Duleep Allirajah explains why he’s a “90-minute Quisling”:
Years ago, long before Google came to the salvation of lazy football writers who couldn’t be bothered with microfiche searches, the term ‘unsupport’ was coined in the football magazine, When Saturday Comes.
It meant, as the name suggests, the exact opposite of supporting a team. You wished defeat on another team, hated that team with a passion. So, for example, in the last day of the Premiership season, many neutrals wanted Manchester City to win the title. This was not through any great love for the oil-rich upstarts in blue, but because they were unsupporting Manchester United. In the Premiership era, Manchester United are simultaneously the best supported and, at the same time, the most unsupported club in the land. Unsupporting is the football equivalent of Newton’s third law of motion: all the time United are successful, hatred of the side occurs as an equal and opposite reaction.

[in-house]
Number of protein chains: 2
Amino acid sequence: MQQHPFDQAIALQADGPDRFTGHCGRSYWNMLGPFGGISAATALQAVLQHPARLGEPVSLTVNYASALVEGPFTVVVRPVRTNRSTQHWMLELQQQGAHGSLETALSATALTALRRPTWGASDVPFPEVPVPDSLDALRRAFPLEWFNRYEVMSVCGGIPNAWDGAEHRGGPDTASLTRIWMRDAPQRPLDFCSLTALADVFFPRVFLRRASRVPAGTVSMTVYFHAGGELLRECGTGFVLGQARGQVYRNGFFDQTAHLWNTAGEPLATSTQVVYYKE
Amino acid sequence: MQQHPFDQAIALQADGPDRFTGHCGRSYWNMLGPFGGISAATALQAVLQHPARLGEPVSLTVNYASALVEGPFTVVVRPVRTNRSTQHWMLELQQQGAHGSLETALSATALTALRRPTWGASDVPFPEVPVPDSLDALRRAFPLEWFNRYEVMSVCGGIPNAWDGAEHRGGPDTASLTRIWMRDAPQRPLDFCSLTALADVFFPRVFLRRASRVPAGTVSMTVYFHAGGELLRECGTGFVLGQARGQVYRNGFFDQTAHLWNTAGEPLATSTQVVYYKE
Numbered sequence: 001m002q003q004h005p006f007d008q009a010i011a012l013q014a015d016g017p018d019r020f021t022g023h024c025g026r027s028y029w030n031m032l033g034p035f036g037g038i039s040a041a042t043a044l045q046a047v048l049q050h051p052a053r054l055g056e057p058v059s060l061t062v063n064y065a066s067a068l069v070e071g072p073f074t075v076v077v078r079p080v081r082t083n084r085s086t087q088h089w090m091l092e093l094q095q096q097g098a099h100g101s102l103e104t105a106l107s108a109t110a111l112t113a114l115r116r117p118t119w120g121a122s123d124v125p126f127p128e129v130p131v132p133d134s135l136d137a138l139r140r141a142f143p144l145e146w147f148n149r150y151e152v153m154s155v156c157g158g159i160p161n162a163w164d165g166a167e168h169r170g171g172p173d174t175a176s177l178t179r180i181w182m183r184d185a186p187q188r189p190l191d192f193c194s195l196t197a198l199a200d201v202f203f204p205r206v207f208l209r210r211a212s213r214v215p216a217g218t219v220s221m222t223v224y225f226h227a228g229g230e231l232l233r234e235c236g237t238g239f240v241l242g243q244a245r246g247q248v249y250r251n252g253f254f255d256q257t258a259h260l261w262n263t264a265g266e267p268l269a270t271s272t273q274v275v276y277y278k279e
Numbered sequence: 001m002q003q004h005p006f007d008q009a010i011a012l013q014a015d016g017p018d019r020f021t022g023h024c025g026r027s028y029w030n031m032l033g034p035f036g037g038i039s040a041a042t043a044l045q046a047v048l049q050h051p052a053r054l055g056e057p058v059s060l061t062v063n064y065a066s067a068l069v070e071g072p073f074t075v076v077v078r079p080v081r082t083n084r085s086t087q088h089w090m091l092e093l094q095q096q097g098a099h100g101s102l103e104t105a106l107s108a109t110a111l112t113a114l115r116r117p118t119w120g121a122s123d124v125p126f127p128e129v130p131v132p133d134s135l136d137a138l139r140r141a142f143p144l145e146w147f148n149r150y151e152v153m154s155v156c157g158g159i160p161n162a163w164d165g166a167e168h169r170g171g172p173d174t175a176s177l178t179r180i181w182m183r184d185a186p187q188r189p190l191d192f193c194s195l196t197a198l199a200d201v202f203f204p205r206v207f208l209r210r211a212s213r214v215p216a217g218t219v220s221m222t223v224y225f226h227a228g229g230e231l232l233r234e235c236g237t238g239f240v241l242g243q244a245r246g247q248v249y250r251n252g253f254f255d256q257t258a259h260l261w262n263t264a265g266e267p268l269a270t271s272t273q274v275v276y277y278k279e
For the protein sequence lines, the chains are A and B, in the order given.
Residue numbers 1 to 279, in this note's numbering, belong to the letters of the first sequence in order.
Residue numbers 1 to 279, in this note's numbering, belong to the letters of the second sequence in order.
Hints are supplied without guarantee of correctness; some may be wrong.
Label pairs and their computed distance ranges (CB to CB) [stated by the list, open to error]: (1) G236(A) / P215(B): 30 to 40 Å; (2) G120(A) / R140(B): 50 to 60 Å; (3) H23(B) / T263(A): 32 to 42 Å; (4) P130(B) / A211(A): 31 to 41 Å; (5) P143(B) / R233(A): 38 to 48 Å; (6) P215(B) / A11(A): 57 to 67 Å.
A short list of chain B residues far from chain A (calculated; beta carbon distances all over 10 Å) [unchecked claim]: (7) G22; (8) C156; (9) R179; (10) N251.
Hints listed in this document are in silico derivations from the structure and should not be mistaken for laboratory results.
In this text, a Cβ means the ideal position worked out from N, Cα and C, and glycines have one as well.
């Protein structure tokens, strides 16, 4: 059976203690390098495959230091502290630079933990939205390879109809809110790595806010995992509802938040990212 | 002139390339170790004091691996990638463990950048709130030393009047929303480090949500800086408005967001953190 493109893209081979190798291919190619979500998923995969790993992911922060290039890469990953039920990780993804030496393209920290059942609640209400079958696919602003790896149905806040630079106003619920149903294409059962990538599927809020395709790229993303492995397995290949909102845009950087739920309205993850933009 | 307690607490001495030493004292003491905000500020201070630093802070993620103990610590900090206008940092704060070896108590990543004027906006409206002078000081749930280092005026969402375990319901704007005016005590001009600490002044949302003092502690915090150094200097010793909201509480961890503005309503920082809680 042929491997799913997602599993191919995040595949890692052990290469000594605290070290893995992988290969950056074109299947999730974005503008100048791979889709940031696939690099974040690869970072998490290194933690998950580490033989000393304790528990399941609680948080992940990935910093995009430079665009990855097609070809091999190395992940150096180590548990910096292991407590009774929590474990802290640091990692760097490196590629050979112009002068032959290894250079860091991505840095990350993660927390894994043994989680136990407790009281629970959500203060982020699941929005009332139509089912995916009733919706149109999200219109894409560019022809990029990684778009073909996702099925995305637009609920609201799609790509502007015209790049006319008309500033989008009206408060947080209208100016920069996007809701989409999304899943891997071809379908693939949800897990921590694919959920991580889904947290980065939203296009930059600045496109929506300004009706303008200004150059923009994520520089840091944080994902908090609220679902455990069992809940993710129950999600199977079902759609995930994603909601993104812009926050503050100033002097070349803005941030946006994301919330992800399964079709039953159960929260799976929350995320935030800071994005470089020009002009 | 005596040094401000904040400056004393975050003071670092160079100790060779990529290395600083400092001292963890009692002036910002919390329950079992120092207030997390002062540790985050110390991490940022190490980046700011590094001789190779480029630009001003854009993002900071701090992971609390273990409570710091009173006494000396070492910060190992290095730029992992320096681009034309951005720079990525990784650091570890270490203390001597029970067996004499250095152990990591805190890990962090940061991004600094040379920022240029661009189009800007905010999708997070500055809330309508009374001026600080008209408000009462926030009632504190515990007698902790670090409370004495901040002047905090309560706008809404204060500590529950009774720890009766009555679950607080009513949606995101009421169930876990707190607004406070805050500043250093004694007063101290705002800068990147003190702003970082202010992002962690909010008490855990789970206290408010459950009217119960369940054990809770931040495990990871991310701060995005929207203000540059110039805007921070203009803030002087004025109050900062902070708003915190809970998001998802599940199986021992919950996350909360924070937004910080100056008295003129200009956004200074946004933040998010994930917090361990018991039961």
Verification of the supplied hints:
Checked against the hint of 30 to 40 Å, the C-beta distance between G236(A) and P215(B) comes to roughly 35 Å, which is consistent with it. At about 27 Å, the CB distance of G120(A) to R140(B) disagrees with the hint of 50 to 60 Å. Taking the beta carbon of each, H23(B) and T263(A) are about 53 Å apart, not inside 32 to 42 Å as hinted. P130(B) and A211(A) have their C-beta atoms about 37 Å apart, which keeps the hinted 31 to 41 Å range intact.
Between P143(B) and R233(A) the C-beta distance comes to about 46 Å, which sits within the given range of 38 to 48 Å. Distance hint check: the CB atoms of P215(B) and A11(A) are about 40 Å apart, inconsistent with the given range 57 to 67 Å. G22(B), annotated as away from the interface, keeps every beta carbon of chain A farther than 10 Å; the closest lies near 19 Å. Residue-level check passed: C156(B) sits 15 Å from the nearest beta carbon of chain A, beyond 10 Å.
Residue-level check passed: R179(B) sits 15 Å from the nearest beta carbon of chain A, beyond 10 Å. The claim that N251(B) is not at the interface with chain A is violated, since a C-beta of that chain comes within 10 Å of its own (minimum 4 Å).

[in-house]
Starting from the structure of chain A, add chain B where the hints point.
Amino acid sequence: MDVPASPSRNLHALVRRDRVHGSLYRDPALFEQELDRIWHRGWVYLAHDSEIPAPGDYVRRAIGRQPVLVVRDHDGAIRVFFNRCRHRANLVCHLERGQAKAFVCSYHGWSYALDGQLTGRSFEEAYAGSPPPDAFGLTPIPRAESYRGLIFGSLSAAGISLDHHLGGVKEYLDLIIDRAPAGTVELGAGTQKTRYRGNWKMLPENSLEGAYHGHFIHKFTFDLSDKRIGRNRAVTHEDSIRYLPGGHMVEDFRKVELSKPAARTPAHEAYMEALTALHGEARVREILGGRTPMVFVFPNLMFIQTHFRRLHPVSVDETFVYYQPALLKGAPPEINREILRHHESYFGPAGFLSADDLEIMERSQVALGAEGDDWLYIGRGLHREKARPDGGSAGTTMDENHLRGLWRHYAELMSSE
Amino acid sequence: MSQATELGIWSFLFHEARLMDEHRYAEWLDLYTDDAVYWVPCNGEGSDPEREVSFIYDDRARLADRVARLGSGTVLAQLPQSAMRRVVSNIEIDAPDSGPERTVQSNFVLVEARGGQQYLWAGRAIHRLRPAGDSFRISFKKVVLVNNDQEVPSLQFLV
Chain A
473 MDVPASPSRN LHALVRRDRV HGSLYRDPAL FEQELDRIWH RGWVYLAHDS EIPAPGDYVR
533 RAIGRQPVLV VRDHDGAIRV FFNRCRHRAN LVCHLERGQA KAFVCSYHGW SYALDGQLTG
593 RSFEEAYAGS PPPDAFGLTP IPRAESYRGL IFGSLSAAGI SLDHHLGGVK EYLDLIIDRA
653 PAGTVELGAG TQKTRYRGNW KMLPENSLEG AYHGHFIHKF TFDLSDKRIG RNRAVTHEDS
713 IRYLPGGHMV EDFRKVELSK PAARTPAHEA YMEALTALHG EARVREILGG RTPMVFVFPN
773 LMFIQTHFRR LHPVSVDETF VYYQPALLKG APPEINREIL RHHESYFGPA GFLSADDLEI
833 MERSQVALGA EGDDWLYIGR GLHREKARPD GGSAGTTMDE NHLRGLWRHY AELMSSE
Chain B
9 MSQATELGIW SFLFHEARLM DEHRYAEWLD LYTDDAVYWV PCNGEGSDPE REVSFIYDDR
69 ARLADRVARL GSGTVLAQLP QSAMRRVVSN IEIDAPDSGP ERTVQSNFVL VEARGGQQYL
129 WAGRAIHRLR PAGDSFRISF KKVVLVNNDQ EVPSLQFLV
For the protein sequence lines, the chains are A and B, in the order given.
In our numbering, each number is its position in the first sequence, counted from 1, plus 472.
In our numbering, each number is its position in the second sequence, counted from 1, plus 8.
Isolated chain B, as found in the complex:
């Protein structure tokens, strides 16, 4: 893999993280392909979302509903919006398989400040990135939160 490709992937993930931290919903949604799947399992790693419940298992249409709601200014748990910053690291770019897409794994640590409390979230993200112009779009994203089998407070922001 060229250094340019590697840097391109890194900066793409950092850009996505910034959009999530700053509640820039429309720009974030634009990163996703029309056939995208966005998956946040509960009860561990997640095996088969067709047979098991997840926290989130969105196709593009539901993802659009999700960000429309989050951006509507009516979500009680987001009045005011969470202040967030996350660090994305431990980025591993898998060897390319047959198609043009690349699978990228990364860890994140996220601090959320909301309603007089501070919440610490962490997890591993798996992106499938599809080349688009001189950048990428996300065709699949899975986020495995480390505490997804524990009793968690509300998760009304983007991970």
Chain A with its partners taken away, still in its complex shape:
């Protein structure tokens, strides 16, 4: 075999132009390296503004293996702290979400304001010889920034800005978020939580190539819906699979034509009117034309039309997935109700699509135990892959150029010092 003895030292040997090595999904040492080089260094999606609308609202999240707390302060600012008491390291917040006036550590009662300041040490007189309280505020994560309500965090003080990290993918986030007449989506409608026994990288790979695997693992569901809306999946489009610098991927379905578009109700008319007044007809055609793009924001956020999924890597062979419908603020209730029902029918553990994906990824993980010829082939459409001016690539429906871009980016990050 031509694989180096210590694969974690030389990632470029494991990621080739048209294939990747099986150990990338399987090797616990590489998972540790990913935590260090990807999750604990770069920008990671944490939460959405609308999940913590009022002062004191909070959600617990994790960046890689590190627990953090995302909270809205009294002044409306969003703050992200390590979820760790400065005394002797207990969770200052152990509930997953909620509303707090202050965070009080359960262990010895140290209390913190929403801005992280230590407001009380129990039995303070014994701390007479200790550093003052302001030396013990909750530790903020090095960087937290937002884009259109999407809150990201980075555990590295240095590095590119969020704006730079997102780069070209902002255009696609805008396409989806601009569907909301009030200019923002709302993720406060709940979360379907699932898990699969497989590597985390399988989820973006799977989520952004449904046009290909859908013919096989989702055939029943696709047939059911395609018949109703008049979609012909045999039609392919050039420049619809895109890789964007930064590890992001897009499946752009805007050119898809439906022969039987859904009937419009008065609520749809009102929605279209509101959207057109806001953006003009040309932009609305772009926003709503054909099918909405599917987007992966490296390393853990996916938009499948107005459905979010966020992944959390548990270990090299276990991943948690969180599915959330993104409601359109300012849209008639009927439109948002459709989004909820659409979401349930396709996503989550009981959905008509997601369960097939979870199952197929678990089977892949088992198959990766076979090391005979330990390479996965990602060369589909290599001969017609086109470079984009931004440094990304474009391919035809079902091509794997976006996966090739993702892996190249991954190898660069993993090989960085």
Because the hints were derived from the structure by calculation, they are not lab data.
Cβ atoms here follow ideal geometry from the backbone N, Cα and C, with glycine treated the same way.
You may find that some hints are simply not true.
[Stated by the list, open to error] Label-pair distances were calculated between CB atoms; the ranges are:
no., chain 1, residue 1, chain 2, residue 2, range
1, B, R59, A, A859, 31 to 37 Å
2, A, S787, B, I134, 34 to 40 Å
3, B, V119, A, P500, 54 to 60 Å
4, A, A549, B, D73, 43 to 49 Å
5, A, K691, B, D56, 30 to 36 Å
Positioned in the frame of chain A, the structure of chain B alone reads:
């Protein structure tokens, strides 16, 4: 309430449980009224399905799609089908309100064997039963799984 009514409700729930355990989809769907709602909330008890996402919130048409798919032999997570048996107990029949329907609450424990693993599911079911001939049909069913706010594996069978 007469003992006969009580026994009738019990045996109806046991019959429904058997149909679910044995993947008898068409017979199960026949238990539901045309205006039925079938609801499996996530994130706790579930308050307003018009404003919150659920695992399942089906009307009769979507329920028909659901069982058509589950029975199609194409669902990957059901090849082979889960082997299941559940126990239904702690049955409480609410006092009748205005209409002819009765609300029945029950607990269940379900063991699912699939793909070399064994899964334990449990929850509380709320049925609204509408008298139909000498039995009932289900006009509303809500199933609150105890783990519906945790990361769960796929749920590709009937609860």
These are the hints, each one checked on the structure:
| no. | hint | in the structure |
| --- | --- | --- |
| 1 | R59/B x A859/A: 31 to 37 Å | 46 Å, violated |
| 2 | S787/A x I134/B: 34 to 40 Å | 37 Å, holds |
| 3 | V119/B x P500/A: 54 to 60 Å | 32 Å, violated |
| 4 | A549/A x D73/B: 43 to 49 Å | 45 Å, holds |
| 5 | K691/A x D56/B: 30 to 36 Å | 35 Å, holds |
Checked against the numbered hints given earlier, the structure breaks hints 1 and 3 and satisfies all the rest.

You can tell a lot about people by the team they hate. Take Manchester United unsupporters. They assume two forms. In the blue half of Manchester or on Merseyside, the Anyone But United (ABU) sentiment is an expression of bitter local rivalry. But throughout the rest of the country, ABU represents an increasing disenchantment with modern football. Manchester United is essentially a proxy for the gentrification and commercialisation of the game. When fans sing ‘Stand up if you hate Man U’, it’s not simply green-eyed envy of United’s success, it’s also a howl of protest against the corporate takeover of football. United embodies everything the traditionalists hate about the Premier League: the hype, the desecration of 3pm kick-offs, the relentless merchandising, the prawn-sandwich munching ‘plastic fans’, and the absentee foreign owners
The constant appearance of Manchester United and Chelsea at or near the top of the English Premier League have always seemed to me to be a good argument in favour of a salary cap in the NFL style: otherwise richer clubs will always be able to buy their way to a higher season finish than poorer teams.
On the other hand, the NFL could learn from the EPL with their promotion/relegation system (I say that in full knowledge that my beloved Vikings would have been relegated after the 2011 season if such a scheme was implemented). Of course, structurally the NFL and EPL have many differences preventing the adoption of the other sport’s practices, but as (I think) Gregg Easterbrook pointed out, Ohio State … sorry, The Ohio State University’s football team could have beaten both of Ohio’s professional teams for much of the last decade.